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Archive: Gaining Immunity

May 8, 2009
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James spent most of yesterday attached to me in some format, or whining because he wanted to be attached to me. And I spent most of yesterday going, “what is WRONG with you, kid?” Then as I was putting him to bed, he looked at me and in not so many words said, “you want to know what’s wrong? Here:” and then he vomited all over my chest.  And thus, I bring you a past reflection on infant illness.

(Originally published 12/08)I heard somewhere (the place from which I get most of my scientific facts) that there are up to 500 cold viruses crawling the earth. Once a person catches such a virus, he or she is then immune to that virus. I have done some math and have calculated that at the current rate, James will be immune to every known cold virus by the time he is five years old.

In the meantime, I have been gaining an immunity of my own. I no longer experience the symptoms of revulsion (exclamations followed by an immediate load of laundry) commonly associated with the variety of fluids that spill forth from a sick infant.

When James catches a cold his body decides it would be better off inside out. The nasal faucets are a particular favorite of mine. Unfortunately, having his nose wiped holds the number one position on James’ list of things that deserve the scream of death. I will remind him of this when his kindergarten teacher phones home complaining that he picks his nose during circle time.

Due to my new-found tolerance for mucous and vomit, I have become much more flexible about what we use to wipe up the viral messes. In the beginning, only a specially designated wash cloth or prefold was acceptable. The problem with this system became evident when James would gak all over me and, in my panic, I would yell for J.D. to “GET ME A THING! QUICK, I NEED A THING!” He would start frantically handing me soothers and booties and remote controls.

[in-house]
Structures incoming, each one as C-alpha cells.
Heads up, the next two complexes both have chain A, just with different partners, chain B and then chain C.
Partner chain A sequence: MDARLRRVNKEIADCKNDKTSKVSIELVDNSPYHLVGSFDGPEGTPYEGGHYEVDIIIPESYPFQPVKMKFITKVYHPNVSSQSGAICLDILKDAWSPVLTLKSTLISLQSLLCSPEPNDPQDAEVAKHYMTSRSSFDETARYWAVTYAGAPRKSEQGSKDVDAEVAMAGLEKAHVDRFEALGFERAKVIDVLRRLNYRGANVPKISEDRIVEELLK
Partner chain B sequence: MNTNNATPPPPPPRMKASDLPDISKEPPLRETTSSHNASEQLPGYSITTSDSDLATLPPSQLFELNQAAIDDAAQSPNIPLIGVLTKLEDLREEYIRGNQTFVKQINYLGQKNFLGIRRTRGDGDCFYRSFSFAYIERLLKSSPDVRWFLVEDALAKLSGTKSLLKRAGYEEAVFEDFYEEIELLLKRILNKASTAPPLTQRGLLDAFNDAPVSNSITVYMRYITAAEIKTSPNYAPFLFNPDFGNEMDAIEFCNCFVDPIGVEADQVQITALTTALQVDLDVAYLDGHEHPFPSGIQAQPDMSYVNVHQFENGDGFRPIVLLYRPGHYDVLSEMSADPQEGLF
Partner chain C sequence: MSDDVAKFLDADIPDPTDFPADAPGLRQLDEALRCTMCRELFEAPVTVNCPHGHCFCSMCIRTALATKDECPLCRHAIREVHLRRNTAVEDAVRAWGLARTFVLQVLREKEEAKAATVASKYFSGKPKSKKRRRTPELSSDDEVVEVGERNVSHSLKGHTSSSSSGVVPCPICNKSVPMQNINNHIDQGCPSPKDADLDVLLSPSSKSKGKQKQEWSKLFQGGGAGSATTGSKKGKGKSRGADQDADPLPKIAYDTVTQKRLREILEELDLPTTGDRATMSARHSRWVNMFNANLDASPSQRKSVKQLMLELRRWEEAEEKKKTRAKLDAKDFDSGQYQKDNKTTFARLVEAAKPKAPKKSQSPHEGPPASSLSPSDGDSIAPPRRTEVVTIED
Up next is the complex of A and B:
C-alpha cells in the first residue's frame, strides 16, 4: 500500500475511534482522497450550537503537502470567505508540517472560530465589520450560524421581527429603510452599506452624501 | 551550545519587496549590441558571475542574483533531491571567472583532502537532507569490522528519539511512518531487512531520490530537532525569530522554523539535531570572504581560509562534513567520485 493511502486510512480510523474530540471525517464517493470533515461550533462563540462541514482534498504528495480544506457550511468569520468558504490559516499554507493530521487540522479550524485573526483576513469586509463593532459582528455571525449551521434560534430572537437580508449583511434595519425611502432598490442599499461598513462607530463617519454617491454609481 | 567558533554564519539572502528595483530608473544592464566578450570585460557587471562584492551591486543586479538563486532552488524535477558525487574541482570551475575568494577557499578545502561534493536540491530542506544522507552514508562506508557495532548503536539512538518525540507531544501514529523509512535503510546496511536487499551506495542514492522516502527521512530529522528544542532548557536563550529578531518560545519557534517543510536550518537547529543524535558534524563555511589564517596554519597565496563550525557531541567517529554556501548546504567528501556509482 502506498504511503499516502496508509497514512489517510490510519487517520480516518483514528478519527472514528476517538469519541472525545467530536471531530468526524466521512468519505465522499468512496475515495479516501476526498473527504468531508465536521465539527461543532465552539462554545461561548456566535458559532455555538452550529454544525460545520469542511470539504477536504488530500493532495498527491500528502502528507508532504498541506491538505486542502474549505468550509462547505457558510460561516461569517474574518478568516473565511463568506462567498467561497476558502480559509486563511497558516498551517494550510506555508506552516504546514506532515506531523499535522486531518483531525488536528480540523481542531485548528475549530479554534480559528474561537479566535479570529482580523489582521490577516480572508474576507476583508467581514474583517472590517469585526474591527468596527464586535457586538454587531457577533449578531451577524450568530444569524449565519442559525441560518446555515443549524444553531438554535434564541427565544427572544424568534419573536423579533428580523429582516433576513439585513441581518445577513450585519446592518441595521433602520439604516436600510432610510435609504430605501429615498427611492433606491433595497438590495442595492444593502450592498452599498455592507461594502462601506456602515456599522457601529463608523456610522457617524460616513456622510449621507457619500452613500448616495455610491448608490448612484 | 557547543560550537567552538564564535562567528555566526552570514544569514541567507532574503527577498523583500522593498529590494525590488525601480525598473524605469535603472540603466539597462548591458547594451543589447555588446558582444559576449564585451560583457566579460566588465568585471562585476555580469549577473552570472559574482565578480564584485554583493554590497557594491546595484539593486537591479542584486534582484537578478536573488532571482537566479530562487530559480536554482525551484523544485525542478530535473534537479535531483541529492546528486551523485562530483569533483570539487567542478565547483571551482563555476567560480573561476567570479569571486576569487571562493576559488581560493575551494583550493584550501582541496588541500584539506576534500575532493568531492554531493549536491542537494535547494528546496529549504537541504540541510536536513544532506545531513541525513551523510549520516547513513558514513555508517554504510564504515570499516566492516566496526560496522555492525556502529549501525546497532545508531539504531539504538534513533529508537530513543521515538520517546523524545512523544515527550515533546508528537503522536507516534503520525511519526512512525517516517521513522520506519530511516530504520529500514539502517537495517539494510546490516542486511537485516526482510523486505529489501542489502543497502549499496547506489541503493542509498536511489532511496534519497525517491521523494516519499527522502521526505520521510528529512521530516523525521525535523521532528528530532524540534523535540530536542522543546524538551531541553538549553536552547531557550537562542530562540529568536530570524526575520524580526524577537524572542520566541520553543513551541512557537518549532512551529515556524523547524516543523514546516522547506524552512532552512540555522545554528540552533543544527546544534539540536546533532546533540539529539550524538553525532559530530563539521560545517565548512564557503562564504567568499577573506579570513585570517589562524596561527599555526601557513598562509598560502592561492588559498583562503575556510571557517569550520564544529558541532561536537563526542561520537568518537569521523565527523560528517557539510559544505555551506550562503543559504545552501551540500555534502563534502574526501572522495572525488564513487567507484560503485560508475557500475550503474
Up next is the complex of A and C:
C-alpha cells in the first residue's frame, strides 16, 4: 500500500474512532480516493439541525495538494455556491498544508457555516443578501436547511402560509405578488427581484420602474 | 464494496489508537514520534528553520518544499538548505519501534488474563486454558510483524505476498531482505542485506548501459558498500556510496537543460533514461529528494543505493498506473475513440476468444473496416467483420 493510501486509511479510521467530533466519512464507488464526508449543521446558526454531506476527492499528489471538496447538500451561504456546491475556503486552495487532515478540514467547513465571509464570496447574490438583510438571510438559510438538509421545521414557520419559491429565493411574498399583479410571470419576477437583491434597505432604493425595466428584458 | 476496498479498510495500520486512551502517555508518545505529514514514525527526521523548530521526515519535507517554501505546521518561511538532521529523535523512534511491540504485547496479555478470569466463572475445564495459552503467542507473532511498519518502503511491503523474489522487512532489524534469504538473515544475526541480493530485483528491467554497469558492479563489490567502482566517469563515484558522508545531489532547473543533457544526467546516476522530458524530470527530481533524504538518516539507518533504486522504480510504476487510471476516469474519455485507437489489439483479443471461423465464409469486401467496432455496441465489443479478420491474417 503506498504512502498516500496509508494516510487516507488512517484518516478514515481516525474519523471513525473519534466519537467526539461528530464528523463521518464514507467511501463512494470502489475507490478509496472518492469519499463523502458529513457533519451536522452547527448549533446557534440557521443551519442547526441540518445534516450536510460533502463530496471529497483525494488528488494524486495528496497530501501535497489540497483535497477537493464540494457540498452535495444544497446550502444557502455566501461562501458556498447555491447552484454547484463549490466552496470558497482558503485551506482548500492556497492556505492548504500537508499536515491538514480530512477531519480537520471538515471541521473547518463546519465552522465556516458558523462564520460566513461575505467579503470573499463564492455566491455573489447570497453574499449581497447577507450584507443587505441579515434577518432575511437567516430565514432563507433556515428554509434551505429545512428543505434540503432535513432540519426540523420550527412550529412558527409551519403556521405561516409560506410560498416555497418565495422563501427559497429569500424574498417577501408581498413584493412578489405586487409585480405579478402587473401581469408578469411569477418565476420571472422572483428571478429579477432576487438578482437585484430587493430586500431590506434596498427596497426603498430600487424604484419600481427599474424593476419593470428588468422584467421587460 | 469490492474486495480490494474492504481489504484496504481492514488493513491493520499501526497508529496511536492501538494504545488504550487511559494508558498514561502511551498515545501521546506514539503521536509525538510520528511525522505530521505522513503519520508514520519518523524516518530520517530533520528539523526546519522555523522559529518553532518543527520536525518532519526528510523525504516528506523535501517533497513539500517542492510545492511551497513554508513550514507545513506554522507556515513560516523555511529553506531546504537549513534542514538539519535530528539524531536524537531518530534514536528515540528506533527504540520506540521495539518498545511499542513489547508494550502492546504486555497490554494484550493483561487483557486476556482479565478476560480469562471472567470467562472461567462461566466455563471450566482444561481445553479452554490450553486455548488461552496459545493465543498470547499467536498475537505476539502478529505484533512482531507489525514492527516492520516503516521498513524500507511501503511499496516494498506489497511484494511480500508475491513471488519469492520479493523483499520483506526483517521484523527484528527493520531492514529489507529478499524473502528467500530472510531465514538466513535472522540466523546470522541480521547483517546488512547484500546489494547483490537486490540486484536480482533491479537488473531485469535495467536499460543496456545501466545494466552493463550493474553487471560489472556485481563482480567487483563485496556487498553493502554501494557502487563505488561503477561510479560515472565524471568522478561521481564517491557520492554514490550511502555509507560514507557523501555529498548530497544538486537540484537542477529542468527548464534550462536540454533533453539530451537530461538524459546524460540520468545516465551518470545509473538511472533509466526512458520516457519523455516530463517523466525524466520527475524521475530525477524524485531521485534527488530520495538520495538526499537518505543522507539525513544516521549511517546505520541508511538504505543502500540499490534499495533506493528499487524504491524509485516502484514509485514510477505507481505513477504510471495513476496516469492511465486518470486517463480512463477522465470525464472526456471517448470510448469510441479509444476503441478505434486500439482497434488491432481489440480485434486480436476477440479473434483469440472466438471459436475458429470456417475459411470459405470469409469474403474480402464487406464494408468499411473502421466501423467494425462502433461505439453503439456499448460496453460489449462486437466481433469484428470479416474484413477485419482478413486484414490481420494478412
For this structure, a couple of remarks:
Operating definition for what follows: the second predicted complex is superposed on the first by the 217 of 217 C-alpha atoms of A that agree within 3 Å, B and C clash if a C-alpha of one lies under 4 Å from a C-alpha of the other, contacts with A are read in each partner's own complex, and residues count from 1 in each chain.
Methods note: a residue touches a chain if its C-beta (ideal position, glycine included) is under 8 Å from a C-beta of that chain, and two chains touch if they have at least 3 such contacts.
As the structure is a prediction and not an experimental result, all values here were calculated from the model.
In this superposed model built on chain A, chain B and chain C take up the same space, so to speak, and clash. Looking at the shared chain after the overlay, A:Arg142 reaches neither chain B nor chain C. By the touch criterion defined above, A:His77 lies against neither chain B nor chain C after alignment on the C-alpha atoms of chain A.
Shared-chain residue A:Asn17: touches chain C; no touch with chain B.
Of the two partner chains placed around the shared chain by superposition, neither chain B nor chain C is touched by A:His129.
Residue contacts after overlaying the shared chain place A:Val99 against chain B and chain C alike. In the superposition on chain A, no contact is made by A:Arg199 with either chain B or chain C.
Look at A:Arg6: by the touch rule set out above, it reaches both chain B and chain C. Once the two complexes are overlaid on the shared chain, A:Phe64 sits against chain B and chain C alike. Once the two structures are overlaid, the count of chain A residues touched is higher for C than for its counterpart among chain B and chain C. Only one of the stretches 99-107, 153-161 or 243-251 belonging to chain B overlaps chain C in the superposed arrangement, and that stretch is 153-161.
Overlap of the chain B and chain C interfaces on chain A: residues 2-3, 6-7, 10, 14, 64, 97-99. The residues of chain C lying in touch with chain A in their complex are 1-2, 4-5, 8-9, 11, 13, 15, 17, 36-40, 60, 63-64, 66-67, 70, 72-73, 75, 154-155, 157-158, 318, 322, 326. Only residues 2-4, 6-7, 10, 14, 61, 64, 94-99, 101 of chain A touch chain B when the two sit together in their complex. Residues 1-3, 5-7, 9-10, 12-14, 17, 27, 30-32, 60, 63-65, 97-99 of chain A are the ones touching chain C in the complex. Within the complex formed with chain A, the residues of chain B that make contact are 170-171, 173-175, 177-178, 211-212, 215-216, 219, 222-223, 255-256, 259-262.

After six months of these daily emergencies I was still unable to effectively communicate my need and he never figured out what the “THING!” was. So now any absorbent fabric within my reach is kosher. J.D. has quickly learned to distance himself from this region when James is on hand. I willingly donate my sleeves all the time but absorbent fabric attached to someone else is still preferable.

You might say that motherhood has diminished my standards of hygiene. But I personally believe that motherhood has simply caused me to be open minded about what actually defines a “clean shirt.” For example, sleeves do not count toward a shirt’s cleanliness value. (Sleeves, by the way, are excellent for a single nose swipe, as baby rarely sees it coming.) Anything front and center is open to personal discretion but I would say that a three-dimensional stain is generally not to be worn in public.

While James has a long way to go before he acquires complete immunity, my progress has been notable. In addition to being undaunted by a wide assortment of baby slime, I have seen a reduction of both laundry and faulty communication with my husband. I should be well equipped to handle that call from his kindergarten teacher.

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